The embodiment of FIG. 7 differs from that of FIG. 5 only in that axles 7", 7" of satellite carriage B are arranged outside car axles 8, 8 instead of therebetween, so that the satellite carriage axles exert a downward force on track G at or near the two ends of the survey car.
Further variation of the applied mechanical forces is possible with the embodiment of FIG. 8 wherein the downward force exerted by axles 8, 8' of track survey car A also differs, one of the axles being loaded more heavily than the other. This is accomplished by making the car asymmetric so that one axle 8' carries a heavier load than the other axle 8. The same result would be achieved by placing different loads upon the respective axles, as in FIGS. 2 to 4, for example. Additional relatively small downward pressure is exerted upon the track by satellite carriages B B mounted in the same manner as shown in FIG. 6.
The embodiment of FIGS. 9 and It) differs from that of FIG. 6 is the special mounting of satellite carriages B B on track survey car A, enabling the apparatus not only to apply mechanical forces of different magnitude to the track in a vertical and/or horizontal direction but also to determine, measure and compare changes of position of the satellite carriages in relation to each other and to the survey car.
The corresponding measuring signals may be produced by measuring angle a in a vertical plane and/or angle ,8 in a horizontal plane between lines extending in the direction of track elongation and constituted, for instance, by rods l5, 16 or l7, 18 on the satellite carriages. The angles are defined between associates lines of the two carriages, one line extending in a direction determined by the position of the one carriage B and the other line extending in a direction determined by the position of the other carriage B Angle a may again be measured by an electromechanical transducer of the previously indicated type, a rotary potentiometer being affixed to one of the rods and a radially extending fork member mounted on its rotary shaft and holding the other rod between its tines. Movement of one rod in relation to the other will thus produce a correspondingly changing output signal at the potentiometer.
An equivalent transducer may consist of a coil potentiometer having a coil 19 affixed to one rod 18 and a plunger 22 affixed to the other rod 17 whereby movement of the plunger in relation to the coil changes the electric current in the coil and the corresponding output signal.
FIG. 10 also shows axles 7", 7" of the satellite carriages subjected to lateral forces K while the carriages themselves serve as a reference or datum line in relation to which characteristic track values may be measured. As shown in this figure, when the survey car moves in a track curve, one of the flanged wheels of front axles 7', 7 of the satellite carriages automatically is pressed with its rim against the head of the grade rail while the rear carriage axles 7", 7" have an indeterminate position. Therefore, it is sufficient to limit the lateral force to the rear axles.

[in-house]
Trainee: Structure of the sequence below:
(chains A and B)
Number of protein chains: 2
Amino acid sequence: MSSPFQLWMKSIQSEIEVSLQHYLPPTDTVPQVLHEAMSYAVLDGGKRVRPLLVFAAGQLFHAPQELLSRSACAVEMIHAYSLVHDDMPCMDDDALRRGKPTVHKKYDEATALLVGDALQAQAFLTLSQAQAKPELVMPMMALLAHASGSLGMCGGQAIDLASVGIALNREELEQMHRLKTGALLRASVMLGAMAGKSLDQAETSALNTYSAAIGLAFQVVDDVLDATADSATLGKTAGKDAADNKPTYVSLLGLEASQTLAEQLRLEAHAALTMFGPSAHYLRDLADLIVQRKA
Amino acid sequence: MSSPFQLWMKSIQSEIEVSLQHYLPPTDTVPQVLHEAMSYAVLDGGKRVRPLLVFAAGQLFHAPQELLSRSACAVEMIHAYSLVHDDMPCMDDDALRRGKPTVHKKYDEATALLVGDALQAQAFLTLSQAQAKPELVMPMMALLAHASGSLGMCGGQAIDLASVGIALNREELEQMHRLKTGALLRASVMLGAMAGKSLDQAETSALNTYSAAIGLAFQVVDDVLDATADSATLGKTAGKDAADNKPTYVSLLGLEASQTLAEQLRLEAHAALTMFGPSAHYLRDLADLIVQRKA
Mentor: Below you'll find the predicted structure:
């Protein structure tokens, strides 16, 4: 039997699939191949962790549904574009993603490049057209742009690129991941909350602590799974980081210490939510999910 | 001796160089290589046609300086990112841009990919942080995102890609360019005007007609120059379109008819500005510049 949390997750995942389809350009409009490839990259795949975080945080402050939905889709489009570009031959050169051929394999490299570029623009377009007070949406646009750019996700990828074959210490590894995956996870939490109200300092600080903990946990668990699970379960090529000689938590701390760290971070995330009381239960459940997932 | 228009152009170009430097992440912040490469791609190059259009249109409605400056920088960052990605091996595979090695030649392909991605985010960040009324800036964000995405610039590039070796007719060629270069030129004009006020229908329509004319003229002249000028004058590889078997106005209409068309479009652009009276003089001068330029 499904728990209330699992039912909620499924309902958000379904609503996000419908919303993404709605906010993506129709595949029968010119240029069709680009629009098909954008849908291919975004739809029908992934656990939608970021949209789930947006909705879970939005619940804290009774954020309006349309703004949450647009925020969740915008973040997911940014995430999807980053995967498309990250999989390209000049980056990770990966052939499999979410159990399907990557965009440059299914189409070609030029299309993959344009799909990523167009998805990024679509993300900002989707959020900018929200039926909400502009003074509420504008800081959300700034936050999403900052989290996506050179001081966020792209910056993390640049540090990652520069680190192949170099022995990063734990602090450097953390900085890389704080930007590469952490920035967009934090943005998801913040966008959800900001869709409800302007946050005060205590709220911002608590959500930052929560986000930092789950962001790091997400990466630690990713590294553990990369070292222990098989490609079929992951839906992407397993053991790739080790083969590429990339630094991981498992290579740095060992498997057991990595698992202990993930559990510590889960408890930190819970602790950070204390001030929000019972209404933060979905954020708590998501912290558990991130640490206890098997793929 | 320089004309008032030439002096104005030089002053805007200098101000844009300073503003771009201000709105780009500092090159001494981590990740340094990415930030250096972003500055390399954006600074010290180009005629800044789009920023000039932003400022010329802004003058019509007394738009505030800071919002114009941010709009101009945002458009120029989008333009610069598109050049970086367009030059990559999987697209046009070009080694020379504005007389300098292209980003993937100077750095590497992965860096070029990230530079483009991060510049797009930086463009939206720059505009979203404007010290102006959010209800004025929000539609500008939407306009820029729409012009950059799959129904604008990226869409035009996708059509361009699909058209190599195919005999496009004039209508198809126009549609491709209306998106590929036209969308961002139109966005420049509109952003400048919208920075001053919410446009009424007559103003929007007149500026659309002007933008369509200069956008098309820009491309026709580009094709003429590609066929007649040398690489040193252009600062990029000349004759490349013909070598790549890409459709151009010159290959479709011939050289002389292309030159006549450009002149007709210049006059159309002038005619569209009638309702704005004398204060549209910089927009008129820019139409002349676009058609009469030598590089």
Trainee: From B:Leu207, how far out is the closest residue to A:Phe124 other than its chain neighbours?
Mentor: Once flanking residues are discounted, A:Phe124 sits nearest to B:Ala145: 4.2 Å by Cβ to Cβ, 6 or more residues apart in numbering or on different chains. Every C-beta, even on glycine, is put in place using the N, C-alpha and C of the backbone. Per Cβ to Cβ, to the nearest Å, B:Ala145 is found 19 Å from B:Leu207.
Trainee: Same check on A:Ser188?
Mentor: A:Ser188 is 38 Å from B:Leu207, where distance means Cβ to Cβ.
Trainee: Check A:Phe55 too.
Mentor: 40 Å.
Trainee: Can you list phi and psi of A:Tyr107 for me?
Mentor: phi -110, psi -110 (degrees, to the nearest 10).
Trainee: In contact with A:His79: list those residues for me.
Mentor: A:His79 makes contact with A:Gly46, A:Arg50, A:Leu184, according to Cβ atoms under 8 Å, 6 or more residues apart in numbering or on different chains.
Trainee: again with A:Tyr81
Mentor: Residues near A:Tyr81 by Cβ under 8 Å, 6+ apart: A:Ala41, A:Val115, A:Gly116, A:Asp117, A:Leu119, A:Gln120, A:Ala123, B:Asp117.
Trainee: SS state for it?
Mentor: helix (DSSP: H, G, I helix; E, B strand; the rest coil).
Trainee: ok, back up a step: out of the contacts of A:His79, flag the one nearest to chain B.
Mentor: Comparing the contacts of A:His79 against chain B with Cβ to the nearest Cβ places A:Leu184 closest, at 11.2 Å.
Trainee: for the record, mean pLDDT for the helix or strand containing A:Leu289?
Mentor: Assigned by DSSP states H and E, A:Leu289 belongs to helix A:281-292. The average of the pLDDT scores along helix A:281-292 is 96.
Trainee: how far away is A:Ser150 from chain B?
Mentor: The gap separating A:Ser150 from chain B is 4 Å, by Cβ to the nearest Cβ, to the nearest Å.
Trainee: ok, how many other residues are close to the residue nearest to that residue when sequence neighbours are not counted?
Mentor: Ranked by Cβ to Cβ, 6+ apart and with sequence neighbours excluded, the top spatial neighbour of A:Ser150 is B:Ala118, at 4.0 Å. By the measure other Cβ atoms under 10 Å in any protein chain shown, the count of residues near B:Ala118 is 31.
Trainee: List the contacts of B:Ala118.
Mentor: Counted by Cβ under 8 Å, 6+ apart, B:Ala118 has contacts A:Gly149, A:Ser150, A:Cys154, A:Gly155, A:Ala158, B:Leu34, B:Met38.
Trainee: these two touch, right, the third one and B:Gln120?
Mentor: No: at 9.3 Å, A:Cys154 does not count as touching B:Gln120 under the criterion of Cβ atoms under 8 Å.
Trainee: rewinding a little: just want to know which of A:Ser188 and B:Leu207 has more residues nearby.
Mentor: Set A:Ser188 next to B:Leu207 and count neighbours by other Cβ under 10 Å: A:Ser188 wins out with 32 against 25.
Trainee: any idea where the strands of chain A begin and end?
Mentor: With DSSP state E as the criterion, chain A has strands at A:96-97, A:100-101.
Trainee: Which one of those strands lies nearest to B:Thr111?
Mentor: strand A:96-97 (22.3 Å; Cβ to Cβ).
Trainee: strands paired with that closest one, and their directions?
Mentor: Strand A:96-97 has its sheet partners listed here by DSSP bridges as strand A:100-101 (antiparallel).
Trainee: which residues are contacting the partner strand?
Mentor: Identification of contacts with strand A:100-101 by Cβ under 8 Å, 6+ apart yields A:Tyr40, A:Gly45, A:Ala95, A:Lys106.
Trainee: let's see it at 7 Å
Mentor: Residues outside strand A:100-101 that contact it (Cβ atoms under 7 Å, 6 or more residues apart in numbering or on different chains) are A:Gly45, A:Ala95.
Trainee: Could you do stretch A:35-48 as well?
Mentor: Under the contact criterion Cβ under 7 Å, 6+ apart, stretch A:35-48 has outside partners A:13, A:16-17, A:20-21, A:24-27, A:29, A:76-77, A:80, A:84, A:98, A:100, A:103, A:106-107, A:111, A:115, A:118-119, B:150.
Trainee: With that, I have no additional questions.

Satellite carriages B and B have frames constituted by linked rods which are freely movable in relation to each other so that all their flanged wheels may engage the rails with their rims and thus follow the course of the track rails even when same are skew, for instance in a superelevated track section, such as a curve. Such satellite carriages may then be used to measure the twist in the track rails by using the relative positions of the axles of each carriage and of the axles of the neighboring carriages.
FIG. 10 shows the satellite carriages laterally pressed by forces K against the grade rail whose position is to be surveyed, these carriages or parts thereof serving as reference in relation to which, for instance by measuring angle B, the characteristic values of the track condition are determined.
If desired, any of the illustrated loads may consist of, or include, vibrators to apply a vibratory mechanical force to the track, in which case means for measuring the rail vibrations are provided to produce signals characteristic of certain track conditions, electro-acoustical vibration meters being well known. Vibratory mechanical force may also be applied to the track by flattened wheels on the satellite carriages to produce successive impacts on the track rails as the survey car moves therealong.
As will be appreciated, the schematically illustrated embodiments of surveying apparatus are merely illustrative of the concepts underlying the present invention and may be used in a great variety of ways. For instance, the mechanical forces, to which the track is subjected from the continuously moving surveying vehicle, may be so controlled from track point to track point as to vary as a function of the physical conditions at each point to produce a predetermined, constant value of measured changes of these conditions, for instance changes in the shape or position of the track or track part which has been subjected to the mechanical force. The varying sizes of the mechanical forces give a signal characteristic of the local conditions of the track. On the other hand, the size of the mechanical forces may be kept constant to produce varying values as a function of the measured changes of the track conditions, and the varying values of the measured changes give signals characteristic of the local condition of the track.
The track is subjected to mechanical forces of different magnitudes at two points of the track spaced from each other in the direction of track elongation as the surveying vehicle continuously moves on and along the track. The resultant track changes, i.e., reshaping or repositioning of the track, are measured and compared to use the measured differences as a characteristic of a given track condition. Such continuously produced signals are particularly useful in an automated operation which permits the signals to be continuously received, recorded and evaluated, for instance in a computer.